Self-ignition of combustible material through chemical action (such as oxidation) of its constituents. Called also spontaneous ignition.
How does spontaneous combustion occur?
- All fires, including those ignited spontaneously, require three elements. (Source: https://www.thespruce.com/preventing-home-and-workshop-fires-1398180)
- Heat source (no flame causing the heat)
- Flammable finishes like linseed oil or tung oil combine with air and oxygen in a natural chemical reaction that creates heat. (Source: https://www.thespruce.com/preventing-home-and-workshop-fires-1398180)
- The most common type is caused by improperly disposing of oil-based paints, stains, tea, linseed oils, varnishes, polyurethane, and paint thinners. (Source: https://www.essexct.gov/fire-marshal/bulletins/rise-in-fires-due-to-improper-disposal-of-oily-rags)
What are examples of spontaneous combustion? (Source. https://www.nps.gov/articles/fire-prevention-52-spontaneous-combustion.htm)
- Rags and towels soaked with oils, including cooking oils.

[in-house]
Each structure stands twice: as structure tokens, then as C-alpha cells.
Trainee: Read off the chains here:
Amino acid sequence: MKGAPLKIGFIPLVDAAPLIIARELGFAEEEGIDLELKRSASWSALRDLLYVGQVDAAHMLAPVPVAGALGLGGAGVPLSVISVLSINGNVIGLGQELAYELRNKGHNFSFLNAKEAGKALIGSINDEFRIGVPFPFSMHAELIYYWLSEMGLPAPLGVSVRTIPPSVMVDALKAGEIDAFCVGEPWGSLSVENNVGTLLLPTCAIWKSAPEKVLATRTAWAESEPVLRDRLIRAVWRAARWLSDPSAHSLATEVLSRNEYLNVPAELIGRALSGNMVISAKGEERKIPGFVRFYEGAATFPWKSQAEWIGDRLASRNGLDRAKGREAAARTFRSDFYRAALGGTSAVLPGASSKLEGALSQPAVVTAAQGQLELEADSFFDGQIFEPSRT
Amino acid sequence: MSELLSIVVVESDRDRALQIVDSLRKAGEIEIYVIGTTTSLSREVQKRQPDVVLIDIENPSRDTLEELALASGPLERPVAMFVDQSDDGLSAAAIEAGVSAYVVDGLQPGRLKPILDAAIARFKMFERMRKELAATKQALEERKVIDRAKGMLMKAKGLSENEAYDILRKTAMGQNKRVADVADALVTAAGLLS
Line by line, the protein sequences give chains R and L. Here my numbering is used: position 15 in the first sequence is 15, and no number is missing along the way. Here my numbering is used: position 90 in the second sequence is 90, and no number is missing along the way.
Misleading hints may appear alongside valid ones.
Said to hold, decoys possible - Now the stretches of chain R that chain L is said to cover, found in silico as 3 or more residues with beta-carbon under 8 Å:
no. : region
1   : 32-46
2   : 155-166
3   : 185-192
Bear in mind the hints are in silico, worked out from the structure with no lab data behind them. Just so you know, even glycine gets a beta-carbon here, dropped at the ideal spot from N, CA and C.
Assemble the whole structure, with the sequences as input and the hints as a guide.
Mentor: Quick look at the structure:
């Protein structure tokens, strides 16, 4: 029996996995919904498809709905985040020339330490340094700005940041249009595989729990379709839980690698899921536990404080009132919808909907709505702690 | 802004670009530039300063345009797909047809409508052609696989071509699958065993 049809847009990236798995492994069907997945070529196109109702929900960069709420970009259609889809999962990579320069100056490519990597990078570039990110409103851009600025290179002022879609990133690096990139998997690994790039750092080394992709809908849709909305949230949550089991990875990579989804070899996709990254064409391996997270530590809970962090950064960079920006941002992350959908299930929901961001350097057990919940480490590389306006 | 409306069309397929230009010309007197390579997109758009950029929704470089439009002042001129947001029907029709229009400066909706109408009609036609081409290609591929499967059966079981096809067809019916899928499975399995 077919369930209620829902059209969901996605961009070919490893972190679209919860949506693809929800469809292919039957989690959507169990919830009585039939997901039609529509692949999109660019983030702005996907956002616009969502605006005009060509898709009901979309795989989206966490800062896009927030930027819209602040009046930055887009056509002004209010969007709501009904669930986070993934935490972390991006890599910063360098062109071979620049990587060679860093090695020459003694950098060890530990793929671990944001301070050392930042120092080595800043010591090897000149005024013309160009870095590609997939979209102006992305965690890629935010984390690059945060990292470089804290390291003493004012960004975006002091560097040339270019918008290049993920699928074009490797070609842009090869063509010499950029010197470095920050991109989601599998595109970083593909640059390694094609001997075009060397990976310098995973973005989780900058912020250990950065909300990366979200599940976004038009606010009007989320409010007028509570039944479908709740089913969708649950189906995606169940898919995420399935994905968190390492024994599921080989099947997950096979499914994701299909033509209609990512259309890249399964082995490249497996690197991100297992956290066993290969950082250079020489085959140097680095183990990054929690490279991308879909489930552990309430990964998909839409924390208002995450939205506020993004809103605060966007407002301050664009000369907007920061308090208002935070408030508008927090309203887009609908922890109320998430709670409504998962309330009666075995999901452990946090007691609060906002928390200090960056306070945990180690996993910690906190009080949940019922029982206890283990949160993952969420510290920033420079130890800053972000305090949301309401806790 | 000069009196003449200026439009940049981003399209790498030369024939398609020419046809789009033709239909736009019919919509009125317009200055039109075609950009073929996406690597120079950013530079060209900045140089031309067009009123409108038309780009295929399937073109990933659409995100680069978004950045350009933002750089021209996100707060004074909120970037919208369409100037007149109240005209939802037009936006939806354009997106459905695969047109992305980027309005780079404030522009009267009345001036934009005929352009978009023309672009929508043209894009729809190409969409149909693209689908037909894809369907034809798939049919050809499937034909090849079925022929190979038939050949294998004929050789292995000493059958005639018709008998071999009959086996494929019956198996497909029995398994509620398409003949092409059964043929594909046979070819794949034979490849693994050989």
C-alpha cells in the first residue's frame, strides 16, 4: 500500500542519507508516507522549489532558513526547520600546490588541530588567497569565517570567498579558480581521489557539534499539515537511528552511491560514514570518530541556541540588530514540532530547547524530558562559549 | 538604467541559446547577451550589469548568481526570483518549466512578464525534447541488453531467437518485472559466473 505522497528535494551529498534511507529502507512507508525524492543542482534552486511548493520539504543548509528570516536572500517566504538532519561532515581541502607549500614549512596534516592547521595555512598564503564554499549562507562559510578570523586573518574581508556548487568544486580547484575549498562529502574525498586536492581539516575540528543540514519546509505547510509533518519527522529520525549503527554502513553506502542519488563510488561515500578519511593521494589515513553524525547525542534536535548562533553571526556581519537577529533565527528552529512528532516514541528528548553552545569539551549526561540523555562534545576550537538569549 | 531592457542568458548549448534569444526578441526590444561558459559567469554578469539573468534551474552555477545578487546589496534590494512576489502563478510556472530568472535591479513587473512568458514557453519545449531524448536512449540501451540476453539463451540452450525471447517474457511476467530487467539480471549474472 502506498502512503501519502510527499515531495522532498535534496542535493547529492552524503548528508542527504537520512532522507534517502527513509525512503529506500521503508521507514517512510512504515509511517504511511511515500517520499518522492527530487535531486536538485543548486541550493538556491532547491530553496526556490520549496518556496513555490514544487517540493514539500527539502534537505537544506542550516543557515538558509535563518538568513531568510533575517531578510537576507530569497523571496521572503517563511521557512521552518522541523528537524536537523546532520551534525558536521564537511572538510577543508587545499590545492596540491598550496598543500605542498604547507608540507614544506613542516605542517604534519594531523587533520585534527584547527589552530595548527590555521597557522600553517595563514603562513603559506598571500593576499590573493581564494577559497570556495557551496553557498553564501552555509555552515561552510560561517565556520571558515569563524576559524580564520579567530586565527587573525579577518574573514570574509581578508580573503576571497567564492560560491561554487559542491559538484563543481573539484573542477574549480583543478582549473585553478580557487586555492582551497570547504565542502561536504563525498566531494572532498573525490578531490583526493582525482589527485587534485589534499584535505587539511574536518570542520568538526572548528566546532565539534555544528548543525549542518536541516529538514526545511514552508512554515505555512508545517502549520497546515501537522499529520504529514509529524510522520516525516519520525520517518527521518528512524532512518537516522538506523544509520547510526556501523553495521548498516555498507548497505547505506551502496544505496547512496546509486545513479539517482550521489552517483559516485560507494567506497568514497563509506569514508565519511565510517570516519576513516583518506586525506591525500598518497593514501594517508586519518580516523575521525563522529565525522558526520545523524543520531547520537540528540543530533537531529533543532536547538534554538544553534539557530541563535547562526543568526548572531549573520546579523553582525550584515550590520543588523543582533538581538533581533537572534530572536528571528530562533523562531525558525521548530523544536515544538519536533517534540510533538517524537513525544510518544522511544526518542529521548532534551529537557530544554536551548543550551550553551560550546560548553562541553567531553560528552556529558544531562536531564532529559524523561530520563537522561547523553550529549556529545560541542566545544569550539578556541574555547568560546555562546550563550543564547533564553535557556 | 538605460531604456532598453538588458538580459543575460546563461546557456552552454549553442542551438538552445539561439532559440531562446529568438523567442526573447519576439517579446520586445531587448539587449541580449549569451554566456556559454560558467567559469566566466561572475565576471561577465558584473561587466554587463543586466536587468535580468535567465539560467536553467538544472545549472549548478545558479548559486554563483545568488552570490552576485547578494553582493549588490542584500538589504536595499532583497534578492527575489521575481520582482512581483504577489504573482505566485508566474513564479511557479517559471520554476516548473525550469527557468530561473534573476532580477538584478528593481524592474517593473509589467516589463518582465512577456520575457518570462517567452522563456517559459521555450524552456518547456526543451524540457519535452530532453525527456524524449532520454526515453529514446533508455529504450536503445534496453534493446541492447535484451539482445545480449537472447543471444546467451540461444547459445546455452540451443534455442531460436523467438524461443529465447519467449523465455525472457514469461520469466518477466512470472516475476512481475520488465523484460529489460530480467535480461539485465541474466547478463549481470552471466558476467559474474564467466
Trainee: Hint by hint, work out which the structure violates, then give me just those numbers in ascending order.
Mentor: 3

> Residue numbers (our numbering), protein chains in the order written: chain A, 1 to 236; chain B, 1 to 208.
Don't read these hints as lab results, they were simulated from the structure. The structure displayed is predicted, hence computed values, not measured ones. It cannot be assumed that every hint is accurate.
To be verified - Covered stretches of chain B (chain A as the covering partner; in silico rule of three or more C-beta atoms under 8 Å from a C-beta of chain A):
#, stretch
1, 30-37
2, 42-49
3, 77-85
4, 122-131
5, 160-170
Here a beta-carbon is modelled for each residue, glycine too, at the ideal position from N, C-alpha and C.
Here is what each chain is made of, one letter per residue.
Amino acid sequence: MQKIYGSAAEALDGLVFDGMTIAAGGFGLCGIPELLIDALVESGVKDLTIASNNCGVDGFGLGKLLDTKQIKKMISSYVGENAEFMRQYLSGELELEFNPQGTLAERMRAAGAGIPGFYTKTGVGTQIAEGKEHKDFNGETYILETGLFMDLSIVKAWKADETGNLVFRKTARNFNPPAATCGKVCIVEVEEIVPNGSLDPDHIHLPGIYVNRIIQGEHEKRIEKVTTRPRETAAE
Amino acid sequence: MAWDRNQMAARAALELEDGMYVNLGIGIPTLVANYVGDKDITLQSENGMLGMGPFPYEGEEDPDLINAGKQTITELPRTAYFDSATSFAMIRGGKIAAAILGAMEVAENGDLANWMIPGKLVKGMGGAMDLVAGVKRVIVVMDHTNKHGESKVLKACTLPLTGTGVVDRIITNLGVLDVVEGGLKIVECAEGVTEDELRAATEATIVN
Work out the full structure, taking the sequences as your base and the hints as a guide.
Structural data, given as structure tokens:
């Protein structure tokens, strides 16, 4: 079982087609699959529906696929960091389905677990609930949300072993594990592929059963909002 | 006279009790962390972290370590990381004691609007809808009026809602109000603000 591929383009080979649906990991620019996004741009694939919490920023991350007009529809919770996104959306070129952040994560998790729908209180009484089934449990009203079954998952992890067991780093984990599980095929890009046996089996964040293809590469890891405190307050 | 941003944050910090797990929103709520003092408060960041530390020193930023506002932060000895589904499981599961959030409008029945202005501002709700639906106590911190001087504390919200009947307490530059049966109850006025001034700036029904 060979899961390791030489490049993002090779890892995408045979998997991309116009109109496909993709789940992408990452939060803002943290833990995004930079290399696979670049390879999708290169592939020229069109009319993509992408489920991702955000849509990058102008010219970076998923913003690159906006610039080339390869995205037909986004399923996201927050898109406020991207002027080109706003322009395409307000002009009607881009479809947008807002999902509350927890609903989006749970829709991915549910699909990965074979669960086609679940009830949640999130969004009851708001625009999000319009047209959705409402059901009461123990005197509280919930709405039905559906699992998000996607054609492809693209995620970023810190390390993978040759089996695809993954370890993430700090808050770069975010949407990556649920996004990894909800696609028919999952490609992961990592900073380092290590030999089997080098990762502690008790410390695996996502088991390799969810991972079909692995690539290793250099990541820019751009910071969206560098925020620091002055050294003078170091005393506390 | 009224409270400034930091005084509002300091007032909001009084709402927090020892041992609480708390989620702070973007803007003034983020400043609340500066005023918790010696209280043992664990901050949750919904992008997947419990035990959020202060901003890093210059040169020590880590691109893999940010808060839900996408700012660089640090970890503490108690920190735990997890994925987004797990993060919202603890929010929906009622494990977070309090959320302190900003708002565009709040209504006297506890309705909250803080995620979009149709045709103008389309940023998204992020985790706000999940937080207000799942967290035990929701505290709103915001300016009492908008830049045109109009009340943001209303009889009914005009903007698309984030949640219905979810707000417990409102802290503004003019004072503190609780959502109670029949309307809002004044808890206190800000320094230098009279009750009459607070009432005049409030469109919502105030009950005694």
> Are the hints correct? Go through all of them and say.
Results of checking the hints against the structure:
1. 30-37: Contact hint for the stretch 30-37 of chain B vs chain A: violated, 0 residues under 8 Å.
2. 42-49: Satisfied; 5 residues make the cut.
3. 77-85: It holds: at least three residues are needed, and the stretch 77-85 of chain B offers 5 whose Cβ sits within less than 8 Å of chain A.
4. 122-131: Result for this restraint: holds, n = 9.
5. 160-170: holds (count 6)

- Hot laundry left in piles.
- Large piles of compost, mulch, manure, and leaf piles.
- Moist baled hay, in the right conditions.
What oils are most likely to spontaneous combust? (Source: https://www.firehouse.com/rescue/article/10528863/the-phenomenon-of-spontaneous-combustion)
What are the ingredients in the Blackstone Griddle Seasoning & Cast Iron Conditioner?
- Palm oil shortening
- Palm oil
- Canola oil
- Soy oil
How do you properly dispose of rags/towels to reduce spontaneous combustion? (Source: https://www.thespruce.com/preventing-home-and-workshop-fires-1398180)
- Hang oil-soaked rags/towels up to dry, preferably outdoors.
- Isolate each rag/towel individually.
- Don’t pile rags/towels on top of each other.
- If rags/towels are hung up indoors, keep them away from heat sources, such as water heaters or furnaces.
- Once rags are dry, throw them away in a trash receptacle that is outside and away from any structures.